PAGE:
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Microsoft Windows Intel Internet Explorer Hardware

Windows Already Up and Running On ARM Architecture 348

Posted by timothy
from the remember-apple-and-intel dept.
syngularyx writes "Over at Microsoft's MIX Developer Conference in sunny Las Vegas, Microsoft has demoed a new preview build of Internet Explorer 10 (which you too can take for a spin, if you feel so inclined), and also dropped a little premature Easter egg – the build of IE10, and the underlying Windows OS, were both running on a 1GHz ARM chip. Sneaky."
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Windows Already Up and Running On ARM Architecture

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  • can you hack the iphone / ipad to run windows 8?

    • by Dan East (318230)

      If Android has not been made to run on Apple iOS hardware, then it's very, very doubtful that Windows can be made to do so, as the source code isn't even available.

    • by the linux geek (799780) on Tuesday April 12, 2011 @08:17PM (#35801904)
      ARM isn't standardized like x86 is, so probably not... at least not easily. IBM PC clones use a fairly standard set of firmware and peripherals, whereas ARM-based machines tend to be largely custom, just with a degree of binary compatibility between them. Getting Windows running on an iDevice would take serious work.
      • Windows NT had the same problem with PPC. It wouldn't actually run on a PPC Mac even though it was the most common machine out there.
  • by sillivalley (411349) <(sillivalley) (at) (comcast.net)> on Tuesday April 12, 2011 @08:05PM (#35801756)
    But... But... But...

    How are they going to make it compatible with all those viruses and trojans out there?

    /rimshot...
  • It seems that everyone is going to go for the accelerated releases now.

    10 is much bigger than 5 (firefox), so I think IE is going to win.

  • I thought one of the biggest Windows / SQL Server computers in the world was the Nasdaq Tandem (now HP) MIPS computer.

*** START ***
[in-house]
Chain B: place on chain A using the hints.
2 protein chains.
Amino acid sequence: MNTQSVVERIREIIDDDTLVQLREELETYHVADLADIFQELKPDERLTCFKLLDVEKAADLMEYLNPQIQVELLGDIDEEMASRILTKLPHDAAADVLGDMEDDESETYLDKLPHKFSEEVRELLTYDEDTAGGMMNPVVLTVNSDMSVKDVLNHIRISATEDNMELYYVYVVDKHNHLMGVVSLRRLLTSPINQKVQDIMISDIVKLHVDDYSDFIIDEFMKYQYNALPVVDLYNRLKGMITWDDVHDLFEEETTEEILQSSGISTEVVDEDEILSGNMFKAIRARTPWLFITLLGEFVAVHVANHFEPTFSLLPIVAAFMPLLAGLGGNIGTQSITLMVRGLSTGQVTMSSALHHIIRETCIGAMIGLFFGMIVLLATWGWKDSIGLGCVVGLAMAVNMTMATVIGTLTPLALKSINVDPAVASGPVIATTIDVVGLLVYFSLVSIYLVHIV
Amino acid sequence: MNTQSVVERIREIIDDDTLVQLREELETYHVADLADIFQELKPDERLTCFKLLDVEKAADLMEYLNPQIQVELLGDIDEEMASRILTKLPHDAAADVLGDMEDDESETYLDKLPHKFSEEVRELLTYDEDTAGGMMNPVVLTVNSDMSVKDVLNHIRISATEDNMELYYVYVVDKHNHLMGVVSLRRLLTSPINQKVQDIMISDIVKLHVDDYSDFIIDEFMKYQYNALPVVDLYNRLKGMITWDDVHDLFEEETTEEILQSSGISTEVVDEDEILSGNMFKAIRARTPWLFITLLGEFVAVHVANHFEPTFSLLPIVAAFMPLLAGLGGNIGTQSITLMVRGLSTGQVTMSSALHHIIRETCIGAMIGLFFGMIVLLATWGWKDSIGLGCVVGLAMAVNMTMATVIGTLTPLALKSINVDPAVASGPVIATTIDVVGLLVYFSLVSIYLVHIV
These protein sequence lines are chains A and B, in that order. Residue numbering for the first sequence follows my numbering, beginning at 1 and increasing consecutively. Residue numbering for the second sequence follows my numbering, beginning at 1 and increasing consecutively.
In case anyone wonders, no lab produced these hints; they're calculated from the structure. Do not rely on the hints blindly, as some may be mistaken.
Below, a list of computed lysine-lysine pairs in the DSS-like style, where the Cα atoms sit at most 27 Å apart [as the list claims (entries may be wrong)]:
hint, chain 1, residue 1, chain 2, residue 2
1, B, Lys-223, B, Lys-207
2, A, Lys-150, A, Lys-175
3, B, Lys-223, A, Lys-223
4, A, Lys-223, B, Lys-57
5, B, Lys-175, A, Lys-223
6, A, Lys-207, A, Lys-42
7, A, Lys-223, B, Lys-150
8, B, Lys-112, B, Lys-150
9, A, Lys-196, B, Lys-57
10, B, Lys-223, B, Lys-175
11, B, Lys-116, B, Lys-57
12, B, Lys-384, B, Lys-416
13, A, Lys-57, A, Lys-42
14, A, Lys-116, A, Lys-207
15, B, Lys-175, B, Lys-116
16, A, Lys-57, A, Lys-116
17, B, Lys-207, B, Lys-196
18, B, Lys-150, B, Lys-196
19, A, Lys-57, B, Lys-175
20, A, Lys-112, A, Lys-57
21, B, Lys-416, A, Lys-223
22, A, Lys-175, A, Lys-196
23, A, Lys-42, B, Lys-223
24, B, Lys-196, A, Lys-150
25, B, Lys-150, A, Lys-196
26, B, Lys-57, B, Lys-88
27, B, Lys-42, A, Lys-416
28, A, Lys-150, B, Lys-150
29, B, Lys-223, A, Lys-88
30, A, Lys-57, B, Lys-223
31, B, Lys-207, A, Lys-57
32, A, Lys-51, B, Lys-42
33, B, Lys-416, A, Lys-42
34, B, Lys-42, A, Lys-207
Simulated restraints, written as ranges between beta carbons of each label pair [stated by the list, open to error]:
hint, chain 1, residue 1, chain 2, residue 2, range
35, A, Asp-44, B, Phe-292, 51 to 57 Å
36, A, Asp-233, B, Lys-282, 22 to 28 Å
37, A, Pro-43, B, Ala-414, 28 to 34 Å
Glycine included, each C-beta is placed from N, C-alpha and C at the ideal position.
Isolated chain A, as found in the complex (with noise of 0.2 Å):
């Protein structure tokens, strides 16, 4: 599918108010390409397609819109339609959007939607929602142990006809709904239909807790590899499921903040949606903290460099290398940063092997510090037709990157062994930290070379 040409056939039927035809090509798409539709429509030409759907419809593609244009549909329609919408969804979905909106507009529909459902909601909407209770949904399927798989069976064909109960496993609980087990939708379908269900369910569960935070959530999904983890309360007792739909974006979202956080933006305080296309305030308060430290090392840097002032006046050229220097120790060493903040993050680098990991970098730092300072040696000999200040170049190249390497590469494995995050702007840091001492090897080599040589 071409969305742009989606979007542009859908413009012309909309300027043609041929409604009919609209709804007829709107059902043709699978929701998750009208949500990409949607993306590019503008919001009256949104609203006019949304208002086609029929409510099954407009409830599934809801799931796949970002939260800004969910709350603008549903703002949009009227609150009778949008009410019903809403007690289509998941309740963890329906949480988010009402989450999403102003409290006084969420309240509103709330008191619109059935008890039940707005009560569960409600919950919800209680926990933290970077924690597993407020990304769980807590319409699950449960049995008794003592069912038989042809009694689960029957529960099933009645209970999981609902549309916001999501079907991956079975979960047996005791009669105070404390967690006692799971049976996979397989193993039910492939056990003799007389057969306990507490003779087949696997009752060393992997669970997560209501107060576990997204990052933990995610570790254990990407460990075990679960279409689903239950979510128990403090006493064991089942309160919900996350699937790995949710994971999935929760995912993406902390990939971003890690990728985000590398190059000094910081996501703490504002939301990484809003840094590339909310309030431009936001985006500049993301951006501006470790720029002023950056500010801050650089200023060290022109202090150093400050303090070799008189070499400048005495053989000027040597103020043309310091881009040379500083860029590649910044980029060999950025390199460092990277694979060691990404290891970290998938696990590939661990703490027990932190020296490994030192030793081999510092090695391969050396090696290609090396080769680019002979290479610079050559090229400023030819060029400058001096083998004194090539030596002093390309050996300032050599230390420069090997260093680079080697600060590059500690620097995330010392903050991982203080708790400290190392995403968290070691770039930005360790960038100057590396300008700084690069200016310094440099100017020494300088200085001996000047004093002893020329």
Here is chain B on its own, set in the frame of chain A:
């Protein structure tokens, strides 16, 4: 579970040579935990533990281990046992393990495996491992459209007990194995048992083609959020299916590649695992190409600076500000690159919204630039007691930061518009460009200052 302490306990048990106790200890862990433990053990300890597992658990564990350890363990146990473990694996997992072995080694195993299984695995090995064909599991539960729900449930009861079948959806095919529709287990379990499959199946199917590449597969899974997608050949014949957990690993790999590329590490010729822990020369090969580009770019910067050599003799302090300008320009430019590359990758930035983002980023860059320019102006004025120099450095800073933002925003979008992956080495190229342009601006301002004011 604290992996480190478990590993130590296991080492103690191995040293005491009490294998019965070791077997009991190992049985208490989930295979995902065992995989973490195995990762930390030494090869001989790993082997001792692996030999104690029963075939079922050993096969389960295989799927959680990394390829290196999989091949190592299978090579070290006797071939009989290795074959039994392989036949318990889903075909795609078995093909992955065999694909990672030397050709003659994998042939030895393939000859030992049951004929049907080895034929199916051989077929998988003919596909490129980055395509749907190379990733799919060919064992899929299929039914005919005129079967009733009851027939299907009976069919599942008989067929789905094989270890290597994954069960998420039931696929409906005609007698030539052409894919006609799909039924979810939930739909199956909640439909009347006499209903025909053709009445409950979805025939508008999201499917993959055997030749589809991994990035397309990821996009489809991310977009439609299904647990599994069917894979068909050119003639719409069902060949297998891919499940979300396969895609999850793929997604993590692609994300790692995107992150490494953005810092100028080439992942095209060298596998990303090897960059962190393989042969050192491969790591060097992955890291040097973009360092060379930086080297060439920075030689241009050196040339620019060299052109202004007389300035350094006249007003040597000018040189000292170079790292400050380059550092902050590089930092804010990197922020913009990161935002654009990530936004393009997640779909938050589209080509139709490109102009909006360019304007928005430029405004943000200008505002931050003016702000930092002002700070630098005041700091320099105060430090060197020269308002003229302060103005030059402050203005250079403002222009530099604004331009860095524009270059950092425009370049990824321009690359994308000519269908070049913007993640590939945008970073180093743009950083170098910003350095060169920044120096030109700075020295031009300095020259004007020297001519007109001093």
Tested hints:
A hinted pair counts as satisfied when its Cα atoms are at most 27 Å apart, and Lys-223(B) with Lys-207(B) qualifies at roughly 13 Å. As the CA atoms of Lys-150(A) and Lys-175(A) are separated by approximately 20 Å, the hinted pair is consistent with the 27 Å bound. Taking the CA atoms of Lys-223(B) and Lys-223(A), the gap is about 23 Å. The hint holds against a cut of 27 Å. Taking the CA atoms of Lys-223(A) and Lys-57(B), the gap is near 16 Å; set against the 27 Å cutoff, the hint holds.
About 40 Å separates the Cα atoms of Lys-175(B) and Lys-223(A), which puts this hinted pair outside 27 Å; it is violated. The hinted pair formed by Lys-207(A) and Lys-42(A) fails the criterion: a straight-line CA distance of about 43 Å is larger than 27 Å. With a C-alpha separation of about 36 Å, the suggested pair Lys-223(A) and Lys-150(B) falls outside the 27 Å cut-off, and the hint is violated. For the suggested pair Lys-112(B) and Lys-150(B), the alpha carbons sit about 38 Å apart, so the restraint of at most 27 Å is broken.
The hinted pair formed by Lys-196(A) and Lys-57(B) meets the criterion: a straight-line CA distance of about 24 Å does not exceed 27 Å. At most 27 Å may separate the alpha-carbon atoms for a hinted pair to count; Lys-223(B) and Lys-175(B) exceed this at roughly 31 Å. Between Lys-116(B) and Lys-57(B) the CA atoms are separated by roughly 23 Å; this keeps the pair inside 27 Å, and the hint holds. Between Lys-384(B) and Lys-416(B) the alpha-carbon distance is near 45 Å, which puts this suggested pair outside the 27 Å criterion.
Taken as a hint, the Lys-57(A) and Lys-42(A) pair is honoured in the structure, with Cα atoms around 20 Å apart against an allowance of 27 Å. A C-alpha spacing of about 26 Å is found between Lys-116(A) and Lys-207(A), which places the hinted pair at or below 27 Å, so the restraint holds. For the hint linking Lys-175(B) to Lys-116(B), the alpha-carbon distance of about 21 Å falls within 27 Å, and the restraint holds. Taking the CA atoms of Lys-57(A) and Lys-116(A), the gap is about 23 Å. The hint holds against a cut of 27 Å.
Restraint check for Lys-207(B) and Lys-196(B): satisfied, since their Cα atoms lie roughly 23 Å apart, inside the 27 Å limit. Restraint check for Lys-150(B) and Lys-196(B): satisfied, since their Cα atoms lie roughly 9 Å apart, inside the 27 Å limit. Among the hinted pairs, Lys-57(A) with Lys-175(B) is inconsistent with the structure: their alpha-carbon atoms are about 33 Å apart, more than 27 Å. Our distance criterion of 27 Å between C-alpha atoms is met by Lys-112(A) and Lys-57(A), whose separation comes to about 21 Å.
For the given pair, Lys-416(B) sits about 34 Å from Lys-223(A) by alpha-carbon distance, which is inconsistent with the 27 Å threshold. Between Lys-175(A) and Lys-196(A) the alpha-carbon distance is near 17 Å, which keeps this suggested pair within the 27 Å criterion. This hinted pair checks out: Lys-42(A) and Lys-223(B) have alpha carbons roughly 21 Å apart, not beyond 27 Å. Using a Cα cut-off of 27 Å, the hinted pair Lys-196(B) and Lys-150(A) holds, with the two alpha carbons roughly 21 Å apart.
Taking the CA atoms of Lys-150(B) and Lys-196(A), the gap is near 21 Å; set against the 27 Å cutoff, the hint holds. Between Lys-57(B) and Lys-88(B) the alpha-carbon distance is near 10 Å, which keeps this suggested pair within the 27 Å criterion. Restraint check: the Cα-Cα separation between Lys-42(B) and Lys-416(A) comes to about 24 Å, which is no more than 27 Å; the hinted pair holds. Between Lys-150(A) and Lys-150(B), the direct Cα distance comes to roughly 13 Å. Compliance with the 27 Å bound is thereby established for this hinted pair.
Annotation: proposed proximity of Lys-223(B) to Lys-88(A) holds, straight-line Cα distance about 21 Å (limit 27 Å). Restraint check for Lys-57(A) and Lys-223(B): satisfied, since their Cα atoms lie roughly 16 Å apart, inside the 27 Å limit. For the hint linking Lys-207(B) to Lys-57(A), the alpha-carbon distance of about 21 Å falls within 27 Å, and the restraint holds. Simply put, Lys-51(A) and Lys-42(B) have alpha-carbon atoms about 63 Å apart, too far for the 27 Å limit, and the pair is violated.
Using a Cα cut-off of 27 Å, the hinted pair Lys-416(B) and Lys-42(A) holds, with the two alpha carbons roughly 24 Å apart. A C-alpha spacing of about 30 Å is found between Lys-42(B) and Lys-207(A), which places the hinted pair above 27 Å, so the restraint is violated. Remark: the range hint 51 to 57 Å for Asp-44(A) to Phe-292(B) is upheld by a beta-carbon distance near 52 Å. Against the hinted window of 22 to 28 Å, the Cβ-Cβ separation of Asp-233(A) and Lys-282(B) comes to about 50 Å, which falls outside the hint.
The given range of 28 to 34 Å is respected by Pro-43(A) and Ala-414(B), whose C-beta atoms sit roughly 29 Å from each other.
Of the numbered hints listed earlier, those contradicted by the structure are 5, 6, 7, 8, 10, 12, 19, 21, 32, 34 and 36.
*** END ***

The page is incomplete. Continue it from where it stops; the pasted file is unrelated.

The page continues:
http://news.cnet.com/Nasdaq-upgrades-HP-based-trading-system/2110-1010_3-5628950.html [cnet.com]
    though it seems Microsoft phased it out for other customers:
    http://www.microsoft.com/presspass/press/1996/oct96/mipspr.mspx [microsoft.com]

  • by rsborg (111459) on Tuesday April 12, 2011 @08:09PM (#35801800) Homepage

    At least based on my MS friend's claims... they probably have many such projects (say, like, a fully functional web-based MS office)
    In fact I'd say this is one of those companies where such innovative ideas usually go to die, as they often "might windows or office cashflows".

    Now that windows is threatened, then the skunkworks projects get revealed. The battle for ARM dominance is joined and now there are many contenders (WebOS, iOS, ChromeOS, etc).

    • by Anonymous Coward on Tuesday April 12, 2011 @08:31PM (#35802026)

      In fact I'd say this is one of those companies where such innovative ideas usually go to die, as they often "might windows or office cashflows".

      Having worked at Microsoft, here's my take.

      Microsoft's products must be compatible with a huge variety of hardware and software configurations, with at least 10 years of backward compatibility. Yes, Microsoft has redundant projects and a lot of prototypes that never see the light of day. But it's better to kill an internal ARM build than to release a version which won't play nice with existing environments.